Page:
Photo of a Jacob Sheep, similar to the kind mentioned by the SVF Foundation (Image by Wikimedia user David Merrett (cc:by))

This story was originally covered by PRI's Living on Earth. For more, listen to the audio above.

Livestock breeds are going extinct at a rate of about one per month. The SVF Foundation farm in Newport, Rhode Island, is trying to turn the tide. The organization preserves animal embryos from endangered heritage breeds to save them from extinction.

"We focus on critically endangered breeds that are based in North America that were important to the founding fathers when they started the country," Sarah Bowley, the livestock manager for the SVF Foundation, told PRI's Living on Earth. Right now the SVF Foundation is focusing on 25 critically endangered breeds of goats, sheep and cattle. Their goal is to freeze 300 embryos of each breed.

The SVF Foundation performs highly scientific lab procedures, not unlike human in vitro fertilization. Embryos are harvested from pregnant female goats and brought to the lab to be frozen. Bowley describes one of the recent actions taken by the organization:

We had these two kids born about a month ago and they're embryo transfers that were collected and frozen last season and then this spring we thawed them out and implanted them into their two surrogate moms and they were born about a month ago.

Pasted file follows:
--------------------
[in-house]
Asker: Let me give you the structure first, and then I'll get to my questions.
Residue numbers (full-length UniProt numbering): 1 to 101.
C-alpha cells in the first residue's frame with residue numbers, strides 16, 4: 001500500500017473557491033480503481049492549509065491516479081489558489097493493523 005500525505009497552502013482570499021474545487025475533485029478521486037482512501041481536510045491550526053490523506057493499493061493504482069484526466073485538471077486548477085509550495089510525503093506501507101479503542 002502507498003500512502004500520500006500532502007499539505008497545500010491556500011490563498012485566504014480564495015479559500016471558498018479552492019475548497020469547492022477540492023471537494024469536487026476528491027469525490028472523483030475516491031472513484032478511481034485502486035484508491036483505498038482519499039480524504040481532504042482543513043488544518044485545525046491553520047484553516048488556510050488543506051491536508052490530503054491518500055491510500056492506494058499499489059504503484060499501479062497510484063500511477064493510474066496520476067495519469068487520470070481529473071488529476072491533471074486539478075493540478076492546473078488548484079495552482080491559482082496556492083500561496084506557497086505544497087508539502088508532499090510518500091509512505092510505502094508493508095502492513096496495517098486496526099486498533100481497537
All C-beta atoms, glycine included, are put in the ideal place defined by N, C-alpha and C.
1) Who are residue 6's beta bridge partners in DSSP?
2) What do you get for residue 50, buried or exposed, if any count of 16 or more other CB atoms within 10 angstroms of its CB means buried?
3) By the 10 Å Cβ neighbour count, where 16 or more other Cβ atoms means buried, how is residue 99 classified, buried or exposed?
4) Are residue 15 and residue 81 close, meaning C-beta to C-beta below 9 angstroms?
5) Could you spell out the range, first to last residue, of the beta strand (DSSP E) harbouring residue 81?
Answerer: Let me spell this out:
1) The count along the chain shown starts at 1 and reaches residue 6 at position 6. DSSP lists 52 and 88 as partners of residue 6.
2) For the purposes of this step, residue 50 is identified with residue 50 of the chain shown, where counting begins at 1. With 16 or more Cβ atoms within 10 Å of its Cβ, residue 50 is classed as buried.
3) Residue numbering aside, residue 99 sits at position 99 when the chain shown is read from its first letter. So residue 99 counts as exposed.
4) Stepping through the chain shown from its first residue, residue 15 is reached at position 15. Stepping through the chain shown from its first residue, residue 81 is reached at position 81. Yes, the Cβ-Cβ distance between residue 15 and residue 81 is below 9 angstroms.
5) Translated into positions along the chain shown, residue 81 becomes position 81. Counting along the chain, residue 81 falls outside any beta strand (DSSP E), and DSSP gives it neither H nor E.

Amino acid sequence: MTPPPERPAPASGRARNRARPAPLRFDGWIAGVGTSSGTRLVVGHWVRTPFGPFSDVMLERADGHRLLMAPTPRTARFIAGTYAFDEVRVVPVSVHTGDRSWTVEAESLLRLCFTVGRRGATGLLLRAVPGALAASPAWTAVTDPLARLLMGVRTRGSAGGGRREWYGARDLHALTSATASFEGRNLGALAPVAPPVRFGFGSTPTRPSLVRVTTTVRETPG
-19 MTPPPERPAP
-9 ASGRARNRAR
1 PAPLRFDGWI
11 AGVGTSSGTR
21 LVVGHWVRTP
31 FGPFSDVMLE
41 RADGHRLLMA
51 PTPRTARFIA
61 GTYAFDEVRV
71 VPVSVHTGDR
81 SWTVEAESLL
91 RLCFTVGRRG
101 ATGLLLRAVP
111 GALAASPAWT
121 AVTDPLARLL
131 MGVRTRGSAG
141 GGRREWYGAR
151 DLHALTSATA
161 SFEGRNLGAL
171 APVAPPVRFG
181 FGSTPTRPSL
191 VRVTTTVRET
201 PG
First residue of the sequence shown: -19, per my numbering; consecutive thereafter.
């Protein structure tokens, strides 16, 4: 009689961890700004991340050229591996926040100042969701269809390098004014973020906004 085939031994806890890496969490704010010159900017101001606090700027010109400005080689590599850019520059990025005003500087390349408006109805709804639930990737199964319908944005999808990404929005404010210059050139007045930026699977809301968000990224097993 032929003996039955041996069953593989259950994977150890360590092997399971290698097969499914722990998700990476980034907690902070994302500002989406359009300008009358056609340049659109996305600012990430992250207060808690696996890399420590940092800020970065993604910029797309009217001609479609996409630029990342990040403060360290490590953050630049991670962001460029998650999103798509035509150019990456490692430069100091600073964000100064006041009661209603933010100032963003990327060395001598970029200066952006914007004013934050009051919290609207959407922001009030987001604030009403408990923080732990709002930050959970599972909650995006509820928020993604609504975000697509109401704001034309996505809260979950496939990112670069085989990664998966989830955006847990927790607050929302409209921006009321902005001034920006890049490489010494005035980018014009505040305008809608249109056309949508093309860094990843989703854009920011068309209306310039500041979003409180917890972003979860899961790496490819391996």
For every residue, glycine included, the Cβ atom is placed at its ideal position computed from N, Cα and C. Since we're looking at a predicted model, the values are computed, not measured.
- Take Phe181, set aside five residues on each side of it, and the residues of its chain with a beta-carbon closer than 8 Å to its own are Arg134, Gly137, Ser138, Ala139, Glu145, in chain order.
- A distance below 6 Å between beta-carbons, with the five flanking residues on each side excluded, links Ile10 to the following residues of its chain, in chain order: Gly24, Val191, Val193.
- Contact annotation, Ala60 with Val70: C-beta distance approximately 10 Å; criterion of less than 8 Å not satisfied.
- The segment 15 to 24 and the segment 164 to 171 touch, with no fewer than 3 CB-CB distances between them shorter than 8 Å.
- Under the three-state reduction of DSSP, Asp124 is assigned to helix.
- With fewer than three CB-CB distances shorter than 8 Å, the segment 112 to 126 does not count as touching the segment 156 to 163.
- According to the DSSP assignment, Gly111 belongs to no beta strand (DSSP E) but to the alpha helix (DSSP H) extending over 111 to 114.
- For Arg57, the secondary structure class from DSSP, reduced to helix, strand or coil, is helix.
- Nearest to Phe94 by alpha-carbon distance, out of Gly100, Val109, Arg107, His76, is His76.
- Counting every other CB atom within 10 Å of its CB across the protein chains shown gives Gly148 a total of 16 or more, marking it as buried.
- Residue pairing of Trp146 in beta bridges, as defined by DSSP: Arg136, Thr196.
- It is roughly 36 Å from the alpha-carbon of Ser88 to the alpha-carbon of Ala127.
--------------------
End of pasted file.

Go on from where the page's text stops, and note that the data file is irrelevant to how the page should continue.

Livestock breeds may become particularly important to save, in part because many of these animals can act as scientific models for human diseases. "For example there's a population of Jacob Sheep that are a perfect model for Tay-Sachs disease in people," Bowley told Living on Earth. "There's a pig breed, Ossabaw Island Hog, that is a perfect model for Type 2 Diabetes in people." She continues:

So, if there's a disease outbreak or a certain texture or flavor of meat that's desired or any other genetic combination that these animals can solve, we want to have their genetics available, even in just a frozen form, so that they can be reawakened and brought back hundreds of years from now.

For now the embryos slumber in their deep freeze, and wait until they're called upon to resolve some crisis. And who knows, in the future the fate of the human food supply might just be resting on their horns.

Hosted by Steve Curwood, "Living on Earth" is an award-winning environmental news program that delves into the leading issues affecting the world we inhabit. More about "Living on Earth."

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